Quality of primary care as measured by preventable hospitalizations in the South of Brazil

This study assessed the quality of primary care in Pelotas, Rio Grande do Sul, Brazil, through preventable hospitalization rates (1995-2004). Preventable hospitalizations were defined as those related to the following diseases: diabetes mellitus, congestive heart failure, hypertension, chronic obstructive pulmonary disease, and vaccine-preventable diseases (polio, diphtheria, tetanus, whooping cough, and measles). Men and women from 20 to 59 years of age were included in the study. The proportion of preventable causes among hospital admissions was higher for women than for men. From 1995 to 2004 there was a decrease in preventable hospitalization rates. Even after direct standardization, analysis showed that admission rates in Pelotas were lower than for the State of Rio Grande do Sul as a whole. Preventable hospitalization costs decreased in parallel with the drop in hospital admission rates. The decrease in hospitalizations is consistent with improvement in primary health care. However, the findings may result from the system's financial model. Reimbursement for hospital procedures is low, which could induce the hospitals to curtail admissions.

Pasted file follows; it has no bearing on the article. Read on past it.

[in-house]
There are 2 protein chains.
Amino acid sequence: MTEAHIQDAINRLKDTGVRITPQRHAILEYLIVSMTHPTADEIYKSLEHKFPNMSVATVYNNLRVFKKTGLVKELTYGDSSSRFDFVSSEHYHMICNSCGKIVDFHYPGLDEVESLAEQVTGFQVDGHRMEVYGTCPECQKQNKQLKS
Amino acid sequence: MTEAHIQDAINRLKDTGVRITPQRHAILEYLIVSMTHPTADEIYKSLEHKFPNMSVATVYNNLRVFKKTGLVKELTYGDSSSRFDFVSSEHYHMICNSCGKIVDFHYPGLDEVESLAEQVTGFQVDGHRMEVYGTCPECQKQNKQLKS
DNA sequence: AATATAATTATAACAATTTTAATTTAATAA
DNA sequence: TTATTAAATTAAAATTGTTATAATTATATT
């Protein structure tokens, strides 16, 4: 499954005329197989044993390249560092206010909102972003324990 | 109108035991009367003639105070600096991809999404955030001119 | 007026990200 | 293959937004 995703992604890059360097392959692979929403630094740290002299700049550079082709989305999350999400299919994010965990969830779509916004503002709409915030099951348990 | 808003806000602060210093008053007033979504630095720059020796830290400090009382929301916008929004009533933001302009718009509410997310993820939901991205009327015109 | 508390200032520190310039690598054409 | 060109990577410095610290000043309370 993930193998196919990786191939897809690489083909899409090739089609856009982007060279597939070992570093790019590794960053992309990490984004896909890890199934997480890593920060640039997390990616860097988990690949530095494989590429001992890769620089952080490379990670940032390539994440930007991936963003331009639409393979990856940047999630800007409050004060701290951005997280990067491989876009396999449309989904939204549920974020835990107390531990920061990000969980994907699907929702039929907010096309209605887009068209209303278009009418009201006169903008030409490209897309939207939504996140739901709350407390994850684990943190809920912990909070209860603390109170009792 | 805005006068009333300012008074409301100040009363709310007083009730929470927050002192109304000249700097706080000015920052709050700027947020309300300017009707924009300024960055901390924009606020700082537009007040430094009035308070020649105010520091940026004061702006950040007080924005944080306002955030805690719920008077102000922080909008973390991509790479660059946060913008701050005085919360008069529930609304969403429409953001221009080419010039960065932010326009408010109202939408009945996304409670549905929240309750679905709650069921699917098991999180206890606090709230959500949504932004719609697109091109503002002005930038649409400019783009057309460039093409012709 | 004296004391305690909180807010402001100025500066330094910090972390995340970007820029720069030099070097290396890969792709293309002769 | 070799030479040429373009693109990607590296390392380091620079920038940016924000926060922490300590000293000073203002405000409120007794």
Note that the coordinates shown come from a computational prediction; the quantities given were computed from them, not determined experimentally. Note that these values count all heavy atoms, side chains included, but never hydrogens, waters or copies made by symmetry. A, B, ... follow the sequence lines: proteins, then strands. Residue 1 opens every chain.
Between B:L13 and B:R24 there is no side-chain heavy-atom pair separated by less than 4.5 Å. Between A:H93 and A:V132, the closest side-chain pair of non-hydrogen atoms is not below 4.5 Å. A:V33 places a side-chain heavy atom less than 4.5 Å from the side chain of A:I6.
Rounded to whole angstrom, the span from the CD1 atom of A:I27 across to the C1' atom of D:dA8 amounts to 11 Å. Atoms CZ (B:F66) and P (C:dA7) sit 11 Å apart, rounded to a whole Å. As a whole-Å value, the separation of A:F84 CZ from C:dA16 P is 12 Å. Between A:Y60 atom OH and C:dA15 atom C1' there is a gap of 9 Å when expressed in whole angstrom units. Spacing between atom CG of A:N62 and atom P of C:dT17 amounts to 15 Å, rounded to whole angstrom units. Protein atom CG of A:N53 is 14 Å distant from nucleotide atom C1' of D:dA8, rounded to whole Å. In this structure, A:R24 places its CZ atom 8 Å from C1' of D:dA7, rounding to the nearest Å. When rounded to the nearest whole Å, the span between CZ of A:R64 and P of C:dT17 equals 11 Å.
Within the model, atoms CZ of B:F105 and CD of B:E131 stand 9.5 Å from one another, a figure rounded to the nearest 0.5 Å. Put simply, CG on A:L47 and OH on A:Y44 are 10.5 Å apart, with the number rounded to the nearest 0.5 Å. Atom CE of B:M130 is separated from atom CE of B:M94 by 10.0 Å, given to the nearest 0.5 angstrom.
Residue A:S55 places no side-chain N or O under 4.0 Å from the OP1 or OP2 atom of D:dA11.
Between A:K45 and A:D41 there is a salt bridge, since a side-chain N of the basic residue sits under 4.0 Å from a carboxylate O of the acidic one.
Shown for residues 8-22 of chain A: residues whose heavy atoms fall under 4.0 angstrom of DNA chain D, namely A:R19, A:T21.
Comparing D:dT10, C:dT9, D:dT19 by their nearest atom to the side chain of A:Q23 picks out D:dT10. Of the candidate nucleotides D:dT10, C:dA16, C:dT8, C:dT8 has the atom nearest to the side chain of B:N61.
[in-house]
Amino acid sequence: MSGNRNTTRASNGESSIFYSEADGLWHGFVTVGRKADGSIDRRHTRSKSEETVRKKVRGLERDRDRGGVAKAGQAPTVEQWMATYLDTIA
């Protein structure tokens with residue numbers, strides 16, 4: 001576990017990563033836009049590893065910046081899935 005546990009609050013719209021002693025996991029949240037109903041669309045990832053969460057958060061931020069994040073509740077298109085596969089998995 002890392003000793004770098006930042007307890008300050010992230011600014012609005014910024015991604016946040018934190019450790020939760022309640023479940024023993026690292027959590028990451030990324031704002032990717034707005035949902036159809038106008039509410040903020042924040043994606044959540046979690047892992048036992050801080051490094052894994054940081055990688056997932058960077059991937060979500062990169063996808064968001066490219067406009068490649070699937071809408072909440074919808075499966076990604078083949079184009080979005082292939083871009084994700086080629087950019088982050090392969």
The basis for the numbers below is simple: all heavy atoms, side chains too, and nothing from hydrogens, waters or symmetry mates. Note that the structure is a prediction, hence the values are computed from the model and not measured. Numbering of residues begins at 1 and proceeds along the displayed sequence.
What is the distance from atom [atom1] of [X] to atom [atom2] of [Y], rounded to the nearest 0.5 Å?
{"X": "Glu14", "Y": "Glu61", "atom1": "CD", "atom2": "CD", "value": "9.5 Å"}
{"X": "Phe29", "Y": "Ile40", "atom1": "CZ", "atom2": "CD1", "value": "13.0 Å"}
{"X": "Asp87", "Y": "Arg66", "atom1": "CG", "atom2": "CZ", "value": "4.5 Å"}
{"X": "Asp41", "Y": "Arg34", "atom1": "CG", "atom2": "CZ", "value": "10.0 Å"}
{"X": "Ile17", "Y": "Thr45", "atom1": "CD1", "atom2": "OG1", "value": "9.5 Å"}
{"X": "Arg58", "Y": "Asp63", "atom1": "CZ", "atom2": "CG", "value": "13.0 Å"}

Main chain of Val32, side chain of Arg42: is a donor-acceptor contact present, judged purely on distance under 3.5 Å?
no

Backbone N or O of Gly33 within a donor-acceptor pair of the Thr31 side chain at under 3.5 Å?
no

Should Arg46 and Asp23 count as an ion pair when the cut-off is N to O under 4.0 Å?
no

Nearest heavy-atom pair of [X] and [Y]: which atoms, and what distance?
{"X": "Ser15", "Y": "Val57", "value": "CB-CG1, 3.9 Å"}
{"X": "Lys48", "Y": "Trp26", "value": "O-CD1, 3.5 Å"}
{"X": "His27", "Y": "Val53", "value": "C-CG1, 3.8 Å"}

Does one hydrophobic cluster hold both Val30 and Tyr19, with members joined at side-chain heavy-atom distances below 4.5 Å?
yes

Quality of Health Care; Primary Health Care; Hospitalization; Health Services

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